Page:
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A Catastrophe with ‘No Sense of Crisis’

Researcher Michael Krausz on why he thinks psychiatrists should be at the centre of BC’s toxic drug deaths response.

Michelle Gamage 6 Oct 2023The Tyee

Michelle Gamage is The Tyee’s health reporter. This reporting beat is made possible by the Local Journalism Initiative.

Michael Krausz is a big name in addiction psychiatry. Before settling in Vancouver in 2007 he worked in addiction research in Europe, facilitating addiction-related trials and acting as editor-in-chief for two European scientific journals, European Addiction Research and Suchttherapie.

He’s worked as the medical director of the Burnaby Centre for Mental Health and Addiction with Vancouver Coastal Health and is a member of the scientific advisory board of the Canadian Centre on Substance Abuse and the e-mental health steering committee for the Mental Health Commission of Canada. He teaches psychiatry at the University of British Columbia and is the Providence Health Care leadership chair for addiction research at the university.

Krausz’s work explores how substance use disorders and trauma feed into the toxic drug crisis, which, as of September 2023, has killed 1,629 people in British Columbia this year and 12,929 since a public health emergency was declared in April 2016.

Unregulated drug toxicity is now the leading cause of death in B.C. for people aged 10 to 59, according to the BC Coroners Service.

Krausz is highly critical of the B.C. government’s approach to the overdose crisis, particularly of its strategy to separate psychiatry and treatment, and its unwillingness to set aside political posturing to work together to find a solution.

The Tyee spoke with him to ask how he thinks B.C. could reduce the number of deaths from toxic drugs. This interview has been edited for length and clarity.

The Tyee: To start, can we get a definition for what substance use disorder is?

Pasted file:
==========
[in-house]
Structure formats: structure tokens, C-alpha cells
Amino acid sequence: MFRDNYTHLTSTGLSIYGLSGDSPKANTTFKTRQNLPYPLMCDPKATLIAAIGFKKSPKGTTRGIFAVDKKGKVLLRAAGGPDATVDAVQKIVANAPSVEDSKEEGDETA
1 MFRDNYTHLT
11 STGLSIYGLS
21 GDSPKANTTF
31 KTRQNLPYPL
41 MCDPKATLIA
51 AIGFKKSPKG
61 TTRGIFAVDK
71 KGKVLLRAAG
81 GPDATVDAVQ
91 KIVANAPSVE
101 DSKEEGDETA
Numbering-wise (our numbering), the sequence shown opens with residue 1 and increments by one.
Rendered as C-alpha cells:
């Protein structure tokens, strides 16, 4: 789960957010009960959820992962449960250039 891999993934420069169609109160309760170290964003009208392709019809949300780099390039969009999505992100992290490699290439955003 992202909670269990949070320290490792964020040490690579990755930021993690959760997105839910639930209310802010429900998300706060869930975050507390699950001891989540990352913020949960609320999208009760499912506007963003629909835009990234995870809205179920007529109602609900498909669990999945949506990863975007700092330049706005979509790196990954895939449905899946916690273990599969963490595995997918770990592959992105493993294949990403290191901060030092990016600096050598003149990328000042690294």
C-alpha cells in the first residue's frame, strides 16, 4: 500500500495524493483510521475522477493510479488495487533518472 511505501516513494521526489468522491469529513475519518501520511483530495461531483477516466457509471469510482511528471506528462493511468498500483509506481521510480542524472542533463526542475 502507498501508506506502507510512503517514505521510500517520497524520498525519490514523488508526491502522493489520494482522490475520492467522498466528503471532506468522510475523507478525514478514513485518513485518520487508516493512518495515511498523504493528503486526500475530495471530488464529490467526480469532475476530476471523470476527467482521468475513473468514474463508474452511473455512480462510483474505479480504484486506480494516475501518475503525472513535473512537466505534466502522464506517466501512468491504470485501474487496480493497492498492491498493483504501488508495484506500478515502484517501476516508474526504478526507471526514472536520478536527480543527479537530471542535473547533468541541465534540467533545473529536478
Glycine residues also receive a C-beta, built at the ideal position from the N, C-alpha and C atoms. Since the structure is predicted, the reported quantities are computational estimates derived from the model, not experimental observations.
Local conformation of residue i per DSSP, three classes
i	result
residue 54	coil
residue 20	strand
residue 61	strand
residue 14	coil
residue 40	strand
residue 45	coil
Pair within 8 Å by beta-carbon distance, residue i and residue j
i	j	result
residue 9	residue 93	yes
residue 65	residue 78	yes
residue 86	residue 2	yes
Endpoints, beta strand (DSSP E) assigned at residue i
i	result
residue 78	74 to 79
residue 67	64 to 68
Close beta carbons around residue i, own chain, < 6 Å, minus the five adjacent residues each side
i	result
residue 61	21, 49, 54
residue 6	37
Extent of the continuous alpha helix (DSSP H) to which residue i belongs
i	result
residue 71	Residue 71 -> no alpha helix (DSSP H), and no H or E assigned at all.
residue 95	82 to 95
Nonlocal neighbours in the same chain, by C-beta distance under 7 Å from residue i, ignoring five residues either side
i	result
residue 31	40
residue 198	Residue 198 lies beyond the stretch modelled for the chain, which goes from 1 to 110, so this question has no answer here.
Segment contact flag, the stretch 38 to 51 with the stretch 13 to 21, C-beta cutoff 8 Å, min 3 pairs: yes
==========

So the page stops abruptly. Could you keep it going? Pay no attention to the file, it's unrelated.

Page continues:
Michael Krausz: It’s shifted a lot over the last 30 years. It’s defined as a group of conditions which are based on the use of specialty psychotropic substances and coming with a certain degree of tolerance and dependence.

It comes with a large degree of complex and concurrent mental and physical disorders. That’s the reason I’m sitting here as a psychiatrist, dealing with that population and the treatment of the patient.

This is intentionally oversimplified, but if you had to choose one thing that is driving the number of deaths from toxic drugs right now in B.C., what would it be?

There are two main factors. First, this is a long-term issue that started in about 2014. It has a lot to do with the changing dynamics of drug markets and changing patterns of use. Second, even at the beginning of the crisis we had insufficient treatment systems and systems of response. Now it’s even less sufficient. The challenges are growing and are complex and the country doesn’t have the tools to deal with it or an appropriate response.

For example, opioid agonist therapy [prescribed opioids that prevent withdrawal symptoms and help patients reduce illicit use and improve quality of life] is very narrow and not based on evidence. Treatment options for people with primarily fentanyl use is extremely limited. Psychosocial care is extremely limited and not available for most patients. There is no specialized overdose care for adolescents or young adults or high-needs patients. I think it’s a misery.

What do you mean by “very narrow” in terms of opioid agonist therapies?

Canada has one-third of the treatment options Europe does and there’s limited medications too. And medications that are used very successfully in other countries are not used here. The capacity of specialty clinics is very small, like the Crosstown Clinic here in Vancouver. So patients have extremely limited coverage. How does that help bring down fatality numbers?

There’s a small minority of people who have effective and high standard quality treatment but they’re the most high-risk patients we have in the whole mental health field.

In 2021 the number of overdose fatalities was much higher than COVID-19 fatalities.

All the measures the government and other authorities were developing failed — otherwise the number of fatalities would have gone down. The government talks about toxic drug supply but not about themselves and their role in this mess.

What should government’s role be, then?

Well let’s look at the government’s response to the COVID-19 pandemic. All levels of government acted and invested billions of dollars, not millions, to develop new medications. They developed a clinical research program immediately that was very supported and had academic oversight and high-level monitoring of the whole program. There was this really big effort to understand what was going on.